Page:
B.C.’s economy is at a stage to make it or break it, said BC Chamber chief executive officer John Winter.
Speaking to the Williams Lake and District Credit Union, Winter said the province has a strong foundation on which to build lasting prosperity.
Gleaning from the Agenda of Shared Prosperity, a program the BC Chamber launched with the B.C. Business Council, Winter said the program is designed to look at creating a prosperous B.C. where all citizens benefit in economic growth and development.
“B.C. has abundant natural resources, a highly skilled and educated workforce, a diverse and accepting society, safe, healthy communities, access to the world’s major markets and stable government institutions.”
The province faces its challenges, which risk undermining its potential. Many British Columbians face a high cost of living and stagnant wages, he said.
“Young people are increasingly disenfranchised. The province suffers an unacceptably high level of child poverty and British Columbians are growing increasingly dissatisfied and distrustful of the institution.”
Quoting B.C. Business Council president Greg D’Avignon, Winter said B.C. has a culture of polarized debate and collective paralysis characterized by the inclination to say no to change:
“We need to resolve these issues and we need to engage in a respectful productive dialogue that’s based on a shared fact base. We can no longer afford entrenched debates characterized by a zero-sum mindset where one side must lose in order for another side to win. A growing number of energized and capable regions around the world are fighting to capture emerging economic opportunities and we in B.C. will need to harness all of our resources to stay competitive with them.”
At the BC Chamber’s 2013 annual general meeting in May, members adopted 32 policies and 19 of them will go forward to the Canadian Chamber’s AGM in the fall.
One of those is a policy on supporting Canada’s responsible resource development.
“It’s very broad reaching and covers the entire resource sector, whether it be forestry, mining, agriculture or energy. It will encourage government to provide a much more expedited process,” Winter said. “We call for one project and one review process.”
The BC Chamber is asking for new opportunities for forestry and mining and calls for government to step forward and address the continued challenge presented by uncertainty regarding First Nations and continued opposition to resource development often based on information that are “downright lies,”Winter said.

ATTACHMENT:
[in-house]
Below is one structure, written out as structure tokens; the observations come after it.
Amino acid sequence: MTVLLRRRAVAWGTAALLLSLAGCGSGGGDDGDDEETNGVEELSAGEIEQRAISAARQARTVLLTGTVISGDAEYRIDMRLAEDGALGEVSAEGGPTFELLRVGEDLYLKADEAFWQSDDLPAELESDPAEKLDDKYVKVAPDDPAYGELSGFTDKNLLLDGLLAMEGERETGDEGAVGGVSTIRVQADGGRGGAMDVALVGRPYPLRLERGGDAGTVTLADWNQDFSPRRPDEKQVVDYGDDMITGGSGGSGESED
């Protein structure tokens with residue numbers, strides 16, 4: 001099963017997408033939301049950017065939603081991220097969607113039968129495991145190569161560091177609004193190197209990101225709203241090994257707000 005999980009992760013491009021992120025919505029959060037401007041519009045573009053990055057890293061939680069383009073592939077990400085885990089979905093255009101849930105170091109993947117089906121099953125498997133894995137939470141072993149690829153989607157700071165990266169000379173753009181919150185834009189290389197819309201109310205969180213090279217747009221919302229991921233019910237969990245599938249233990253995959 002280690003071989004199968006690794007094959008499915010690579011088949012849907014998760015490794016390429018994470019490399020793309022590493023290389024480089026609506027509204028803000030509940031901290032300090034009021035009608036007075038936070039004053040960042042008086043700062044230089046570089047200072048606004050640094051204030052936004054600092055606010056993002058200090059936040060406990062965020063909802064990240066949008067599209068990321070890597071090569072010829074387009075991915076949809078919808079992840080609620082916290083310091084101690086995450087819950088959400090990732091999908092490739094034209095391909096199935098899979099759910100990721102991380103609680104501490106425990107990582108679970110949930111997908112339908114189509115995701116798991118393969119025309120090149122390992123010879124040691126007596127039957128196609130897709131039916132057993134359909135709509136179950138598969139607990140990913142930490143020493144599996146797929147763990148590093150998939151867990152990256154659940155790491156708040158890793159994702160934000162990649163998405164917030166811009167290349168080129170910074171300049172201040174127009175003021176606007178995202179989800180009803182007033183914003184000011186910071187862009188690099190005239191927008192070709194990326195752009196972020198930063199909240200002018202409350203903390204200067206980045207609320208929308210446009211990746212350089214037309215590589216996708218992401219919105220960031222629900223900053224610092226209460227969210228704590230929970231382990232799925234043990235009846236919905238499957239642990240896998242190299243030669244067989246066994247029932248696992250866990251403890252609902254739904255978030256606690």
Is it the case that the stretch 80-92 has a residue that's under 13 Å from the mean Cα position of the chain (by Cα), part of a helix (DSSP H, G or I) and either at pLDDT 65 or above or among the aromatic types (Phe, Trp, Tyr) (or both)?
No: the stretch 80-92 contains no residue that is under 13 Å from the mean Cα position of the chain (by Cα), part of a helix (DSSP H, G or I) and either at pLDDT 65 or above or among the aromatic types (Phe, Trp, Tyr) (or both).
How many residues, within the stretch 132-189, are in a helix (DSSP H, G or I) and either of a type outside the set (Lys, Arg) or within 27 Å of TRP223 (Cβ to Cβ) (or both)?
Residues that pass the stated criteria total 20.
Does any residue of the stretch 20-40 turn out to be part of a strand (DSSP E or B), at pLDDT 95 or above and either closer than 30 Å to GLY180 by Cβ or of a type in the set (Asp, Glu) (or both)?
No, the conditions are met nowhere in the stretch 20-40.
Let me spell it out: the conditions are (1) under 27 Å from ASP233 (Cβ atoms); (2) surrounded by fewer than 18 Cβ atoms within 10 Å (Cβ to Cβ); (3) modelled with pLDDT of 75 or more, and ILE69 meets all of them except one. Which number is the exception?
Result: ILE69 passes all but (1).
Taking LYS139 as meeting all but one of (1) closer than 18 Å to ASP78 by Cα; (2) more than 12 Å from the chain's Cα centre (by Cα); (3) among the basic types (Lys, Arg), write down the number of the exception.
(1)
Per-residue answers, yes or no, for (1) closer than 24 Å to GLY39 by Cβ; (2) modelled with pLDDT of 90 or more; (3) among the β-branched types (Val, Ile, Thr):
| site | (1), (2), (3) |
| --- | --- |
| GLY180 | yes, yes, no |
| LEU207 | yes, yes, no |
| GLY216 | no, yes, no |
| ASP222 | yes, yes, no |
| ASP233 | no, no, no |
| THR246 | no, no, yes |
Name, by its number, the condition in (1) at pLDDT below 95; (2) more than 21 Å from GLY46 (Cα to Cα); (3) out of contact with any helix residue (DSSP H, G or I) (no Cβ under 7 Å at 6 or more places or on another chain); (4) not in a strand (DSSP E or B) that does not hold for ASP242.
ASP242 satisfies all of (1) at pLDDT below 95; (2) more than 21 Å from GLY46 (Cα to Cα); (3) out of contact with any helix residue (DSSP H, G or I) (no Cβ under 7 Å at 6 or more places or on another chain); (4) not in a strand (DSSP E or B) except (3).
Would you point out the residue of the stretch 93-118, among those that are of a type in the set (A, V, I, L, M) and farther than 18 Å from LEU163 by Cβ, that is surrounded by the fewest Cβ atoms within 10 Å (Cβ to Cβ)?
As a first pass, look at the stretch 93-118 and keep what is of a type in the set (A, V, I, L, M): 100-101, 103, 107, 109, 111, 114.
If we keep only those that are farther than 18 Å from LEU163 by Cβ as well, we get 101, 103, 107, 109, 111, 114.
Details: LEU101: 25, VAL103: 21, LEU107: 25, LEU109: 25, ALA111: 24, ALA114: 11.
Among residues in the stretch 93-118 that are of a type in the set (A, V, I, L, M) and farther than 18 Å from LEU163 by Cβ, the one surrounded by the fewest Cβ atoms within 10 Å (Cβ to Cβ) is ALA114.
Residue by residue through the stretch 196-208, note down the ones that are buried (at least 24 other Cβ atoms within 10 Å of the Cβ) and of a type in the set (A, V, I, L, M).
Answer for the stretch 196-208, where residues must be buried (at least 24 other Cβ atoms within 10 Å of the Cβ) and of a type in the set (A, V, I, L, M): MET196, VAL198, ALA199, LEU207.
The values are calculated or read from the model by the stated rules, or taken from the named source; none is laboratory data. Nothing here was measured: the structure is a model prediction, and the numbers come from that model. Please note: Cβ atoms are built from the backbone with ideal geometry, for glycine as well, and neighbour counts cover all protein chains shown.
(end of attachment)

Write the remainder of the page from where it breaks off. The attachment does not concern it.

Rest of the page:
In 2012, the chamber developed policies related to every government ministry in Victoria.
“We’ve moved far beyond having policies on economic issues that are about taxation, regulation and things that are about economic drivers to policies that are about social policies such as homelessness, crime and those kinds of things that are important to businesses.”
Crediting the influence of the chamber on government policies, Winter said the government has moved from its public policy agenda focus toward the resource sector.
“This is in no small part due to the work of our own chamber movement, whose policy platform has been leading focused action on what is B.C.’s true resources potential.”
Pointing to the recent election and its increase in Liberal caucus members, Winter said rarely has the province been better represented by caucus members outside the Lower Mainland.
The BC Chamber applauded the appointment of Bill Bennett as Minister of Energy and Mines, Steve Thomson as Minister of Forests and Lands, John Rustad as Minister of Aboriginal Affairs and Christy Clark’s challenge for him to “get on with the treaty process,” and the Mary Polak as Minister of Environment.
“We see Mary Polak in that role will facilitate economic development in a responsible way.”
Winter said there was relief among the chamber membership due to the outcome of the election on May 14.
“While the chamber is not a political organization, concerned only with advocating policy perspectives on behalf of its members, we knew that working with a free enterprise government had significant advantages over advocating pro-business perspectives to a government with a more broadly based policy framework with much less focus on the economy.”
The next four years will be hard work, he said, adding the election campaign revealed the differences between the major parties.